The Jerusalem artichoke (Helianthus tuberosus), also called the sunroot or sunchoke or earth apple or topinambur, is a species of sunflower native to the eastern United States, from Maine west to North Dakota, and south to northern Florida and Texas. It is also cultivated widely across the temperate world for its tuber, which is used as a root vegetable.
The artichoke part of the Jerusalem artichoke's name comes from the taste of its edible tuber. Samuel de Champlain, the French explorer, sent the first samples of the plant to France, noting that its taste was similar to an artichoke.
Unlike most tubers, but in common with other members of the Asteraceae (including the artichoke), the tubers store the carbohydrate inulin (not to be confused with insulin) instead of starch. For this reason, Jerusalem artichoke tubers are an important source of fructose for industry.
Jerusalem artichokes are easy to cultivate, which tempts gardeners to simply leave them completely alone to grow. However the quality of the edible tubers degrades unless the plants are dug up and replanted in fertile soil. This can be a chore, as even a small piece of tuber will grow if left in the ground, making the hardy plant a potential weed.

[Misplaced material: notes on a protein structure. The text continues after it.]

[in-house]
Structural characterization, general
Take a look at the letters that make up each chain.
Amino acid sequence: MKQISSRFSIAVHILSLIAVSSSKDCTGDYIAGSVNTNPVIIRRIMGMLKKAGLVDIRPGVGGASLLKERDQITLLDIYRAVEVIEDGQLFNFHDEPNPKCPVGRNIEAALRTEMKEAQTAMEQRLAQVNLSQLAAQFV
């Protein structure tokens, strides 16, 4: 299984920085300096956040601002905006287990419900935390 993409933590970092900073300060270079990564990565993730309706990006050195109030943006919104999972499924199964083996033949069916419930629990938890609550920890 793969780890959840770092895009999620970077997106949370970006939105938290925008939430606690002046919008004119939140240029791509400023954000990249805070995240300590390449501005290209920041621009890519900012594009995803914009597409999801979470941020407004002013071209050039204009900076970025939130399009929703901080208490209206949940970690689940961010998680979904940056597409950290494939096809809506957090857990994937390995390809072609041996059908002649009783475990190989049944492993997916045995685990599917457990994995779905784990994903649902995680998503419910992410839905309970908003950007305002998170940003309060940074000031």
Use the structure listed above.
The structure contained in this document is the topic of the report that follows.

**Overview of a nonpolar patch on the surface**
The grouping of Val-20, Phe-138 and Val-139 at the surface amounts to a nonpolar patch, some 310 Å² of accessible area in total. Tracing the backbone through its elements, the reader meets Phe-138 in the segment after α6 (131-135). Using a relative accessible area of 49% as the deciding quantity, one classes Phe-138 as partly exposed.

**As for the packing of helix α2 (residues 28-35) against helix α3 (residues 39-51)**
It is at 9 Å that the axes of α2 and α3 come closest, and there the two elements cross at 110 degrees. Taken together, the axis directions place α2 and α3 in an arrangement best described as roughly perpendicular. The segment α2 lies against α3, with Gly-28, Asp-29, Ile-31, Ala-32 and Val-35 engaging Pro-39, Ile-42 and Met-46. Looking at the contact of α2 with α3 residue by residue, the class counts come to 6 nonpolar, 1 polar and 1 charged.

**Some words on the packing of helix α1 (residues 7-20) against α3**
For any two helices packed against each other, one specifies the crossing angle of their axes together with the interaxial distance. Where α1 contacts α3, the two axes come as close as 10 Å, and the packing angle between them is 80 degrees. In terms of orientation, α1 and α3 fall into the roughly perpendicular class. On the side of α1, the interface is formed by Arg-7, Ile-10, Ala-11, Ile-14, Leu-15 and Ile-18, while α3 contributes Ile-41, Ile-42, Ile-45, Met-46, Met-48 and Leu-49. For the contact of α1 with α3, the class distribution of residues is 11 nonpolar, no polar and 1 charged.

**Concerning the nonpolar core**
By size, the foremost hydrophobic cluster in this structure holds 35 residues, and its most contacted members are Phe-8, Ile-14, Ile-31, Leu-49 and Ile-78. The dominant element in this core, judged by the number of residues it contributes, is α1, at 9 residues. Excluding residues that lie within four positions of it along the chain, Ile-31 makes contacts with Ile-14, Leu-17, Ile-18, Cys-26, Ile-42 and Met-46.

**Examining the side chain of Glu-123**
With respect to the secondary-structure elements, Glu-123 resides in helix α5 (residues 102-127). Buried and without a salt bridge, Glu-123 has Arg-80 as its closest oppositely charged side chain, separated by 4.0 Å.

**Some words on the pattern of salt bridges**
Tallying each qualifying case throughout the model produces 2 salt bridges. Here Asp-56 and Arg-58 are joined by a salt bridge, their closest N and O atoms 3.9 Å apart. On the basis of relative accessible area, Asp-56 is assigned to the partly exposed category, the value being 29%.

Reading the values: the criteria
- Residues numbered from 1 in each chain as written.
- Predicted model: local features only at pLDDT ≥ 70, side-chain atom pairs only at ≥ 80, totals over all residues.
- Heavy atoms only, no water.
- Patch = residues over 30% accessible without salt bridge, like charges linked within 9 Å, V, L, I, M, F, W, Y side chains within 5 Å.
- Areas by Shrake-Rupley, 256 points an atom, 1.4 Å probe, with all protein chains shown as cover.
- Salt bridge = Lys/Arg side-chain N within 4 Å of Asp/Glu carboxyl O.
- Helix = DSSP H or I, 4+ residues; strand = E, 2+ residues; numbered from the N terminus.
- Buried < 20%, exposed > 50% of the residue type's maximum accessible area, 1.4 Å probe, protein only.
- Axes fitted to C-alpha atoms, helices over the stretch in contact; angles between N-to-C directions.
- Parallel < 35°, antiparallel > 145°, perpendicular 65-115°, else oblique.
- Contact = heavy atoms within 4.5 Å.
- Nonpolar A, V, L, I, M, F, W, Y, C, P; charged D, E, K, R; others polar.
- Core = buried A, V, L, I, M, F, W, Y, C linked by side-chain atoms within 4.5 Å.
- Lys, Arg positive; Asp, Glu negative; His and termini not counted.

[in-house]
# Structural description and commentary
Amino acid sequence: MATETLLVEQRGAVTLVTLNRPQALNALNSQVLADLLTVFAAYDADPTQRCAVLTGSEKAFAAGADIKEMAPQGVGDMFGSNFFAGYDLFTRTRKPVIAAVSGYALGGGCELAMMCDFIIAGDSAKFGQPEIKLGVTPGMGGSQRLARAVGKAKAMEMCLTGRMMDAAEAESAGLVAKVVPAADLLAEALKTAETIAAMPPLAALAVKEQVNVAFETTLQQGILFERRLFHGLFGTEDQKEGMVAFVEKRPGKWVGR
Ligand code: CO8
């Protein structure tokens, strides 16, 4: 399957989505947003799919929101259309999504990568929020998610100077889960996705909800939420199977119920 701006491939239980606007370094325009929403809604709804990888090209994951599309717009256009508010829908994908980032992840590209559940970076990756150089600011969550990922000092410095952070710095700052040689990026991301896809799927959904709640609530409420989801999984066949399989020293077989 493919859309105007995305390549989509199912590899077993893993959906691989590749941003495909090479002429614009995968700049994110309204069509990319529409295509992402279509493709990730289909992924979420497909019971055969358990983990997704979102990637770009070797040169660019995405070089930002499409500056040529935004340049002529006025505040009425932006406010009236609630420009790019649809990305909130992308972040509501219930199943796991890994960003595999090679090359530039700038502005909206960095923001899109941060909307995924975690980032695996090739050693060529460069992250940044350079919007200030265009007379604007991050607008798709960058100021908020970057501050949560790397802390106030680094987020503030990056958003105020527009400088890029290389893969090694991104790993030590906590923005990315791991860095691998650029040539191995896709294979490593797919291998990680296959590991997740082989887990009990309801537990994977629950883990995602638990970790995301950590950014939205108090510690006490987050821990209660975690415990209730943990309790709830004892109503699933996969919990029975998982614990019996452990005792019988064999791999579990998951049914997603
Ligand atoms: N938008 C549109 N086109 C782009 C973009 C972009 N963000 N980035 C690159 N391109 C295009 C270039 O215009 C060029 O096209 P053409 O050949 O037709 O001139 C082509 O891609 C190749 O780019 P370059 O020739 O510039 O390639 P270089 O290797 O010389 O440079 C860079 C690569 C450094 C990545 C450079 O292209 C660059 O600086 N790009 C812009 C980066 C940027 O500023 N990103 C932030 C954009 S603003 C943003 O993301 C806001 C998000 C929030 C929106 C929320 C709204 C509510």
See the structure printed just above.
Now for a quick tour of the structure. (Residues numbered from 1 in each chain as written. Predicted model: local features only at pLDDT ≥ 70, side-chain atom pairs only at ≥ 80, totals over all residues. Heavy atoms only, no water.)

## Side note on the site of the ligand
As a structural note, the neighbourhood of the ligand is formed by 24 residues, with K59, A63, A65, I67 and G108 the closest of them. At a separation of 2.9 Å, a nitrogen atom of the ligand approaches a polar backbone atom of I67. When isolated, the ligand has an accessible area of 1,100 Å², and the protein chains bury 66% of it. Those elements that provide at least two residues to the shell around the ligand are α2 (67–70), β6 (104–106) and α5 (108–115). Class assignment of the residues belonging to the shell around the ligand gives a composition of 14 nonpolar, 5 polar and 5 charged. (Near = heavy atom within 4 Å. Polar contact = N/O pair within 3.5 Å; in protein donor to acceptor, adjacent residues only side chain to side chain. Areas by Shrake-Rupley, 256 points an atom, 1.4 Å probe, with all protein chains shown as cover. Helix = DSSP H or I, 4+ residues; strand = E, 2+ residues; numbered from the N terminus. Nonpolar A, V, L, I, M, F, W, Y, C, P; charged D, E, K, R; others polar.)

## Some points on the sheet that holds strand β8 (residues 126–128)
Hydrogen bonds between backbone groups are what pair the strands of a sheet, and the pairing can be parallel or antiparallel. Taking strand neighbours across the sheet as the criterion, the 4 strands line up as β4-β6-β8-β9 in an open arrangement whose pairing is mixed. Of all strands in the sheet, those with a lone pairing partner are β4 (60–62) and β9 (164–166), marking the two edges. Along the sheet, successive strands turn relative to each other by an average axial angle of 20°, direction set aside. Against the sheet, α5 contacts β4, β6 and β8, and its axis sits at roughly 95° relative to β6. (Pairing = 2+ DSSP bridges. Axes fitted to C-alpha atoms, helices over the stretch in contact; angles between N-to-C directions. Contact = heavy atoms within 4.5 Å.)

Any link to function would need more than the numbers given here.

The tubers have a consistency much like potatoes, and in their raw form have the same taste as potatoes except with crispness and a slight powdery note. The carbohydrates give the tubers a tendency to become very soft and mushy if boiled, so it is best to steam them lightly if it is desired to preserve their texture. The inulin is not well digested by some people, leading to the misconception that sunchokes are not edible or an assumption that they cause flatulence and gastric pain. Gerard's Herbal, printed in 1621, quotes the English planter John Goodyer on Jerusalem artichokes:
"which way soever they be dressed and eaten, they stir and cause a filthy loathsome stinking wind within the body, thereby causing the belly to be pained and tormented, and are a meat more fit for swine than men."
Jerusalem artichokes are sold in the produce departments of many supermarkets. They are usually pre-packaged in a plastic tray labeled for speciality food sales, but some stores carry them loose in baskets or bins, where they look like kiwi-sized gnarled potatoes or ginger root. The freshest roots are plump and vibrant in appearance. If they are left too long in the open, they become wrinkled and soft and can develop a bitter taste. Fresh and steamed they have a mild, sweet and nutty flavour.
There is a very comprehensive list of corms and tubers here
Seasonal Information: Jerusalem artichokes
This information is specifically for countries in the northern temperate zone of the Northern Hemisphere; particularly the United Kingdom, however it should be applicable for northern USA, northern Europe, Canada, Russia, etc.
Jerusalem artichokes are at their best and in season during the following months: November, December, January & February.